June 22, 2012

Home Made Ketchup

It's that time of year again when we trade in our crock pot evenings for cooking on the grill.  Once upon a time that would mean packing it away until October arrives with busy days of school and cool evenings.  But my crock pots have both been hard all work all week as we make and bottle our ketchup and BBQ sauce for the year to come.

We started making our own condiments some time ago.  I can not actually remember the last time we regularly bought salad dressing.

About five or six years ago we were at a friends house when I tasted the best BBQ in the world.  After much coaxing I convinced "Aunt Shirley" to share her top secret recipe.  I've been making it ever since.  Northerners, Southerners and everyone in between tells me it is the best they have ever tasted.  It is quick, easy, cheap and much healthier than those ones in the market filled with chemicals, preservatives and high fructose corn syrup.  So why would we do it any other way?  Doing it in the crock pot takes longer but cuts down on the heat in the kitchen and means there is less need to watch it.

When a friend tasted my BBQ she shared with me her family recipe for ketchup.  I had always wanted to try homemade ketchup but had never gotten around to it.  Teresa gave me the push I needed.  And I am so glad!  This stuff is nothing like what Heinz puts in the bottle.  I was never a ketchup eater before but my family loved it.  They won't eat store bought anymore after eating this.  It is one of those things that makes us long for home when we are traveling.

This week we tried two new variations which I will include.  The family voted this morning as to their favorite.  Our classic, the new recipe and the spicy recipe.  The new recipe and the spicy recipe tied for first place.

Teresa's Home made Catsup (that's how she spells it)
Recipe 92 ounces (2 cans) tomato juice (or tomato puree)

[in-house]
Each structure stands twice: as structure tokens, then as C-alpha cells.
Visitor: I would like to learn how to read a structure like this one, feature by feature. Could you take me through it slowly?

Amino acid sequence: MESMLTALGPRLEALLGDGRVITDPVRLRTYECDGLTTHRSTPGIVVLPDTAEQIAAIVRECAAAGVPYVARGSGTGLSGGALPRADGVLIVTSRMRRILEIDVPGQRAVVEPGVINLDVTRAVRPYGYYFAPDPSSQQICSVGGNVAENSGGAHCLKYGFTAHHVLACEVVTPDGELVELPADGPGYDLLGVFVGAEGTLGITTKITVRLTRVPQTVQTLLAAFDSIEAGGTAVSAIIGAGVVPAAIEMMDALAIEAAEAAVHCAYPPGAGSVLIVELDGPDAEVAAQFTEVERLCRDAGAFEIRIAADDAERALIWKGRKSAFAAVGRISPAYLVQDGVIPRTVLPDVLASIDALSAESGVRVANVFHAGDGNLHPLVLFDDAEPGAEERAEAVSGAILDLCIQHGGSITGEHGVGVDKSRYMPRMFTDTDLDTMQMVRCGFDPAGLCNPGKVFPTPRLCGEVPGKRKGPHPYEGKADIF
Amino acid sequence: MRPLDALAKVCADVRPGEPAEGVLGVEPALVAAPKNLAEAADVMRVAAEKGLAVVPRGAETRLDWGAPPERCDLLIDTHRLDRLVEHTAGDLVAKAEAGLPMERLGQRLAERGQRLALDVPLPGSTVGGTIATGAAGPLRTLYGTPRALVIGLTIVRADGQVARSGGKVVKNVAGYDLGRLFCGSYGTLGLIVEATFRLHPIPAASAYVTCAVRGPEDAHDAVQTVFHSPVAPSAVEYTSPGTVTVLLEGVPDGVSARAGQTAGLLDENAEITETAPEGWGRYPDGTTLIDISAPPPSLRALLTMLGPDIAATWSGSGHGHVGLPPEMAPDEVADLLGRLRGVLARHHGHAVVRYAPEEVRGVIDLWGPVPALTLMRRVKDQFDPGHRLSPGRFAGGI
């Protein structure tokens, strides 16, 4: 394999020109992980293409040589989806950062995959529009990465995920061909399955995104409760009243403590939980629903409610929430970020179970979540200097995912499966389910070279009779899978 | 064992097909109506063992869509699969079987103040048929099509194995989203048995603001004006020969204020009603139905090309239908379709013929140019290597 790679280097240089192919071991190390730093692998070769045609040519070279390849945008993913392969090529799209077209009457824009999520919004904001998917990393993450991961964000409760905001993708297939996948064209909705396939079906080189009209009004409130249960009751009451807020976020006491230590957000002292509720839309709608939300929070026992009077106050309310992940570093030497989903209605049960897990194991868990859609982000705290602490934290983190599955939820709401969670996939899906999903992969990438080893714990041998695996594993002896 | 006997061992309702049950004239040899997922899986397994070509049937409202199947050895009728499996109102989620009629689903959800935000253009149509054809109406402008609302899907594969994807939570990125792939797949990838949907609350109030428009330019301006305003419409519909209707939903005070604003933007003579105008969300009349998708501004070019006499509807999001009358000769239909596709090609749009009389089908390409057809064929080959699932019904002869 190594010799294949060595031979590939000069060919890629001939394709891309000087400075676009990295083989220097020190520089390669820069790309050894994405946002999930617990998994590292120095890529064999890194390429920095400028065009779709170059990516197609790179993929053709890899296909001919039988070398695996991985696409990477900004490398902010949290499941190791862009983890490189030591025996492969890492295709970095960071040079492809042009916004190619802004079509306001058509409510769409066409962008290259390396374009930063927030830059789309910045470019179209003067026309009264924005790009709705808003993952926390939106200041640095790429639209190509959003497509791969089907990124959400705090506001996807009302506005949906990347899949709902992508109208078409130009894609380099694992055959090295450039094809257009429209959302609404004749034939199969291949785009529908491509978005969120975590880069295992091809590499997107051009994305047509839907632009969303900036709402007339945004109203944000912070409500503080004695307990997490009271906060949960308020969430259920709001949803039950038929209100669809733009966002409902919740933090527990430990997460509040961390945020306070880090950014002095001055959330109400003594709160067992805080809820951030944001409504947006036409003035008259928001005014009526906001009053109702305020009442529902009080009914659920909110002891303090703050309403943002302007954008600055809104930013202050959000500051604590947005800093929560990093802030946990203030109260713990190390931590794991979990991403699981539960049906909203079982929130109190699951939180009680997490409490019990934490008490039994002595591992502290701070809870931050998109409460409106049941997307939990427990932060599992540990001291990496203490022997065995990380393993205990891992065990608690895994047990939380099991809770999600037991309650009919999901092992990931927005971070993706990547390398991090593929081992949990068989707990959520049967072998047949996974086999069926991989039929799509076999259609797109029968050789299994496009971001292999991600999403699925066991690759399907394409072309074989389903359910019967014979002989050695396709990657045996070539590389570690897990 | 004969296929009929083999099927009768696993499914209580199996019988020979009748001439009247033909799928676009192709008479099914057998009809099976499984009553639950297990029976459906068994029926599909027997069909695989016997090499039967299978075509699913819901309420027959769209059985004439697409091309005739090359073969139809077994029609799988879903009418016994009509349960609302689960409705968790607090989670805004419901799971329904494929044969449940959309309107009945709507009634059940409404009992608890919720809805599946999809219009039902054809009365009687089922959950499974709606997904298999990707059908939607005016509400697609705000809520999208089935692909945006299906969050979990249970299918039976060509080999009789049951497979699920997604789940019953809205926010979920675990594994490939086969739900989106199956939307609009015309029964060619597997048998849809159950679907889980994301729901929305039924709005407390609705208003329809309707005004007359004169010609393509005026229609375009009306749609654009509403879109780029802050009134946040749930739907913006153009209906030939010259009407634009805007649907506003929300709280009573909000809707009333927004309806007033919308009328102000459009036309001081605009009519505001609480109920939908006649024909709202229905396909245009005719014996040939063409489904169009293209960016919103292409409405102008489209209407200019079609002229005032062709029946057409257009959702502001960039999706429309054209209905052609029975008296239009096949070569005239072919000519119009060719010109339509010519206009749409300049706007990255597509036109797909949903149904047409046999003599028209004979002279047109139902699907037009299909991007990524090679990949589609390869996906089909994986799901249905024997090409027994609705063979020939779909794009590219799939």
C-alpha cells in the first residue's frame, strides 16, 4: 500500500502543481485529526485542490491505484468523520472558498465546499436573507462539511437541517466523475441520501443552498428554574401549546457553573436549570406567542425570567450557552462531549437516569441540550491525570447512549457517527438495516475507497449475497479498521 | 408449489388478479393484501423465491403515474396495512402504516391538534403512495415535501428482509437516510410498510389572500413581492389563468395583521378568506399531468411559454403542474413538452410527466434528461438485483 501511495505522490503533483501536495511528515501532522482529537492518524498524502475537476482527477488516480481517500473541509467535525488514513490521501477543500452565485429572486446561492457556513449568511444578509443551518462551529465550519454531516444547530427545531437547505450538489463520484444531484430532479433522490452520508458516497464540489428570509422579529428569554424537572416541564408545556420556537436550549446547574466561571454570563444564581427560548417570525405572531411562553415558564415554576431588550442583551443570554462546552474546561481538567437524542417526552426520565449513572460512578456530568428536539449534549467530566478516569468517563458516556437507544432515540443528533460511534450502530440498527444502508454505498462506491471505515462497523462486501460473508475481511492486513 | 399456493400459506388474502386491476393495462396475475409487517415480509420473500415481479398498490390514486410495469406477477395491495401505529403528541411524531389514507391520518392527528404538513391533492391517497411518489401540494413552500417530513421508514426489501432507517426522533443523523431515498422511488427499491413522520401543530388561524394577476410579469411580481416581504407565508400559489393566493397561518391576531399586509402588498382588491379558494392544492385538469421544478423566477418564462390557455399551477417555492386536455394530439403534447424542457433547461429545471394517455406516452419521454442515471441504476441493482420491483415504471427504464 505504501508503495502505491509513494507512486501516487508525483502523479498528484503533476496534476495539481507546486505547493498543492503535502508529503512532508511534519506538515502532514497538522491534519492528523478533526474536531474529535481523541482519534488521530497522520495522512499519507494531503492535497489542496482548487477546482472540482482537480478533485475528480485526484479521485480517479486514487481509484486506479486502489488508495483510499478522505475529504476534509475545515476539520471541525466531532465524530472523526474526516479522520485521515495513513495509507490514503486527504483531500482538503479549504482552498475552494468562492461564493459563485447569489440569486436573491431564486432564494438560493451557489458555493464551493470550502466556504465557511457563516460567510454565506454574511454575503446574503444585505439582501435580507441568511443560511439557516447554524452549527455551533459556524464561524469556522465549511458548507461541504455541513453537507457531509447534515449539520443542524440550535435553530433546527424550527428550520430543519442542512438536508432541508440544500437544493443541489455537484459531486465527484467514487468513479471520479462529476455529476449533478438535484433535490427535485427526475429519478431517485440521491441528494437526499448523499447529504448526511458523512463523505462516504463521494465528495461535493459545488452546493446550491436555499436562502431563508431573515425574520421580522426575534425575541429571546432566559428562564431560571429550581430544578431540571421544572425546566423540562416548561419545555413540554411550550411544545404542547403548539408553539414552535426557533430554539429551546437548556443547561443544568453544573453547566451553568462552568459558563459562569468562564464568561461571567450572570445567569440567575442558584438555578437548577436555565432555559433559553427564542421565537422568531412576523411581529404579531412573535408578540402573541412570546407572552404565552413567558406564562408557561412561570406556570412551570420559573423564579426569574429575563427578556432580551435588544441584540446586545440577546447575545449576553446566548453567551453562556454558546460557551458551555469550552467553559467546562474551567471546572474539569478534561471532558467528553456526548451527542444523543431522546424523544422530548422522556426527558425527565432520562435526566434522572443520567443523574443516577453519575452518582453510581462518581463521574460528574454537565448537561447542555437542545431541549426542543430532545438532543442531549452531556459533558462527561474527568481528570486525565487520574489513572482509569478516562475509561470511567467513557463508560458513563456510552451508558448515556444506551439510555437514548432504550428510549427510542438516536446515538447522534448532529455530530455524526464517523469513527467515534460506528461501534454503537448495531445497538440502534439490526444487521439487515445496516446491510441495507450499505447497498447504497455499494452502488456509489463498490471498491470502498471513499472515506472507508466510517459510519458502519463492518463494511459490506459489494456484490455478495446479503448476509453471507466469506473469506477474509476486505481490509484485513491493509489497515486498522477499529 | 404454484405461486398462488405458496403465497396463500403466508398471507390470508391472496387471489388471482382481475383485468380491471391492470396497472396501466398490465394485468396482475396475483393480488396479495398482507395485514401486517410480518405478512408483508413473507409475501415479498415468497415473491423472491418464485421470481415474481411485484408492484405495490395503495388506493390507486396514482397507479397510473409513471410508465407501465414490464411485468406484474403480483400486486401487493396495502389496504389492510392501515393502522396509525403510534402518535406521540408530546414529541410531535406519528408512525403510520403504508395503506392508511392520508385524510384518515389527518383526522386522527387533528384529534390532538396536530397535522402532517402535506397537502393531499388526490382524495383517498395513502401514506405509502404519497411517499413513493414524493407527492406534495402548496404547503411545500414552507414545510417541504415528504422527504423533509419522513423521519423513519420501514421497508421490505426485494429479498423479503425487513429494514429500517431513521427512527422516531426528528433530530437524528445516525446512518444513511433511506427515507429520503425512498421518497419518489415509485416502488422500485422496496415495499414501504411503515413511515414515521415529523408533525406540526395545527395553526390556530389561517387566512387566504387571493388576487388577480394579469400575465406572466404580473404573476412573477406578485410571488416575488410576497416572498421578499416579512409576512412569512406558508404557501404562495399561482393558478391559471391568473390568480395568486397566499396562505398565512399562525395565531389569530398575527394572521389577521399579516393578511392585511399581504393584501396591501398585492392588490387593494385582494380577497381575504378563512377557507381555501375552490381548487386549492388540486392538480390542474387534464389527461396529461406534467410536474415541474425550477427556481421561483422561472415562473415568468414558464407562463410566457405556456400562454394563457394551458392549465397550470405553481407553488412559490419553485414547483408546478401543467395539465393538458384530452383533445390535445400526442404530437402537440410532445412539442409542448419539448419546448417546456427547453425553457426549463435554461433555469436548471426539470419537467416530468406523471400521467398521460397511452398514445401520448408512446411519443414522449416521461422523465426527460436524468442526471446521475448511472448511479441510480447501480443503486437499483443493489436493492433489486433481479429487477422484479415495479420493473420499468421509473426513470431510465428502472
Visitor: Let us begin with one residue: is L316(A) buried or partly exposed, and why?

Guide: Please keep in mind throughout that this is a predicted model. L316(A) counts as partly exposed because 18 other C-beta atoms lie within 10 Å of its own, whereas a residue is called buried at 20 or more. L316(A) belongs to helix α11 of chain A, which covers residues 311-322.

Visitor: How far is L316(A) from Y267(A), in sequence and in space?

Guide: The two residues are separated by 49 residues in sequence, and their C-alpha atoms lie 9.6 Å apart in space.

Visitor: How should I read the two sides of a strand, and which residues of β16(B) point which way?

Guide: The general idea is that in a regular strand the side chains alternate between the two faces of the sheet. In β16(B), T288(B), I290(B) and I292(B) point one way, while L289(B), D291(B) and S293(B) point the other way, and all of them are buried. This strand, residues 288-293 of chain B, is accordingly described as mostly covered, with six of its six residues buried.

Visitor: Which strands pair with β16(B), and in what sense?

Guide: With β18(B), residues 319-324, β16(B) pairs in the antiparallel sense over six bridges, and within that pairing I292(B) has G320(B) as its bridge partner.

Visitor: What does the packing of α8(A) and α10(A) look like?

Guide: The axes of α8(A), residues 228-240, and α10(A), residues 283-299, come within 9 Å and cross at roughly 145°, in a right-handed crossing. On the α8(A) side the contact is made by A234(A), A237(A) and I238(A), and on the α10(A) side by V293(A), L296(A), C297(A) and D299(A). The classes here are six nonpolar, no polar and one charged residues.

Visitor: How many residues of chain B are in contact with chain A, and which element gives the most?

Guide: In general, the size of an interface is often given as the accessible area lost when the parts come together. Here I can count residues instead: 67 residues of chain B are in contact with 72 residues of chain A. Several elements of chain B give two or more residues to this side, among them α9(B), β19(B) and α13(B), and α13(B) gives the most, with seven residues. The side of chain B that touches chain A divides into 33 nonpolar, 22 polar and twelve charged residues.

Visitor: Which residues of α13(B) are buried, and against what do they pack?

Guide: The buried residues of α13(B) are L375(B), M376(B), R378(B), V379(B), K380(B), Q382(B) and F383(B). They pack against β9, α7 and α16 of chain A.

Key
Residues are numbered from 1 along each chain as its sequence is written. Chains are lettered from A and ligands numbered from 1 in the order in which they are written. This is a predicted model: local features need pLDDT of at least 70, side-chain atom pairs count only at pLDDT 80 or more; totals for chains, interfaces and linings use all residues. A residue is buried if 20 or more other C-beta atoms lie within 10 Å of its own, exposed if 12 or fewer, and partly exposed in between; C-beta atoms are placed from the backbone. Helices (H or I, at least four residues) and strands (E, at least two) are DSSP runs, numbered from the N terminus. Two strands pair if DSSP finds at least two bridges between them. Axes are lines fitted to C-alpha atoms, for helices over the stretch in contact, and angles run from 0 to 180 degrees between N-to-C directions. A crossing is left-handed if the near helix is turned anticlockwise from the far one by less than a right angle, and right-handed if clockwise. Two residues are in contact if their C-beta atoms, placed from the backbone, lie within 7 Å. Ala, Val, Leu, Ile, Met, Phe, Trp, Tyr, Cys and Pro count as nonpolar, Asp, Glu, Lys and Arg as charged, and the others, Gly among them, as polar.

1 cup vinegar
5 cups sugar (white or brown) I think honey would be delicious but it is so expensive around here I have never tried it.
1 can tomato paste
4 teaspoons cinnamon (reduce if you would like a milder flavor)
4 teaspoons mustard seed
2 teaspoons ground cloves
2 teaspoons red pepper (ground cayenne, paprika or red pepper flakes)

Wachter Spicy Ketchup
92 ounces tomato juice or tomato puree
1 cup vinegar
5 cups sugar
1 can tomato paste
1 teaspoon red pepper flakes

I just throw all the herbs into my pot.  If you would like your ketchup to be more red like the store bought kind you could get cinnamon stick and whole cloves and put them in an herb bag with the mustard seeds.

That's all there is to it.  Now turn it on, bring it to a boil, reduce to a very slow simmer and let it go uncovered until it reaches the consistency you like.  As everyone walks through the kitchen they just have to stop and stir and taste.  If you don't have as many people you might want to stir every hour or two.  This is important as it reaches the final stages of thickening so it doesn't start to burn around the edges and ruin the flavor of the whole pot.  (You know how crock pots can be like that.)  On the stove top you must stir more frequently.  It will take about three hours.

If you put the herbs directly in the pot, the ketchup will be more brown like BBQ sauce than the red you typically see in the grocery store stuff.  Keep tasting it so you don't inadvertently burn the flavor.  In my crock pot this takes about a day.  I put it on the first day and let it simmer all day.  When I go to bed I turn it off and put the lid on.  In the morning, I turn it on high and get it heated up for an hour or so and then remove the lid and turn it to low.  It cooks like that until the second evening.

When it reaches the done state, I bottle and process in a water bath canner.  If I don't feel like messing with the canner, I put it in containers in the spare fridge until I am canning other stuff.  The batches we made this week were a new experiment for us.

Teresa told me her family stores theirs in vintage coke bottles.  We happen to have a lot of neat soda bottles and a shortage of canning jars.  We ordered caps and a capper from Amazon and bottled it up.

The cost was the same as a case of canning jars and who doesn't love finding a way to use something you already have sitting around?  We are loving the look as much as the flavor!


  1. That looks delicious and I love the jars!

  2. Oh this brings back memories. We had a couple bumper tomato crops when we lived in MD and we made homemade ketchup and bbq too. We haven't done that in a long time.
    Looks great and LOVE the bottle capper!!


  3. So if you use the capping method with bottles, do you water bath after capping? or cap and let them cool down? Thanks!

  4. Hi, Annette.

    Thanks for writing. If we cap the bottles we do not put them in the water bath canner.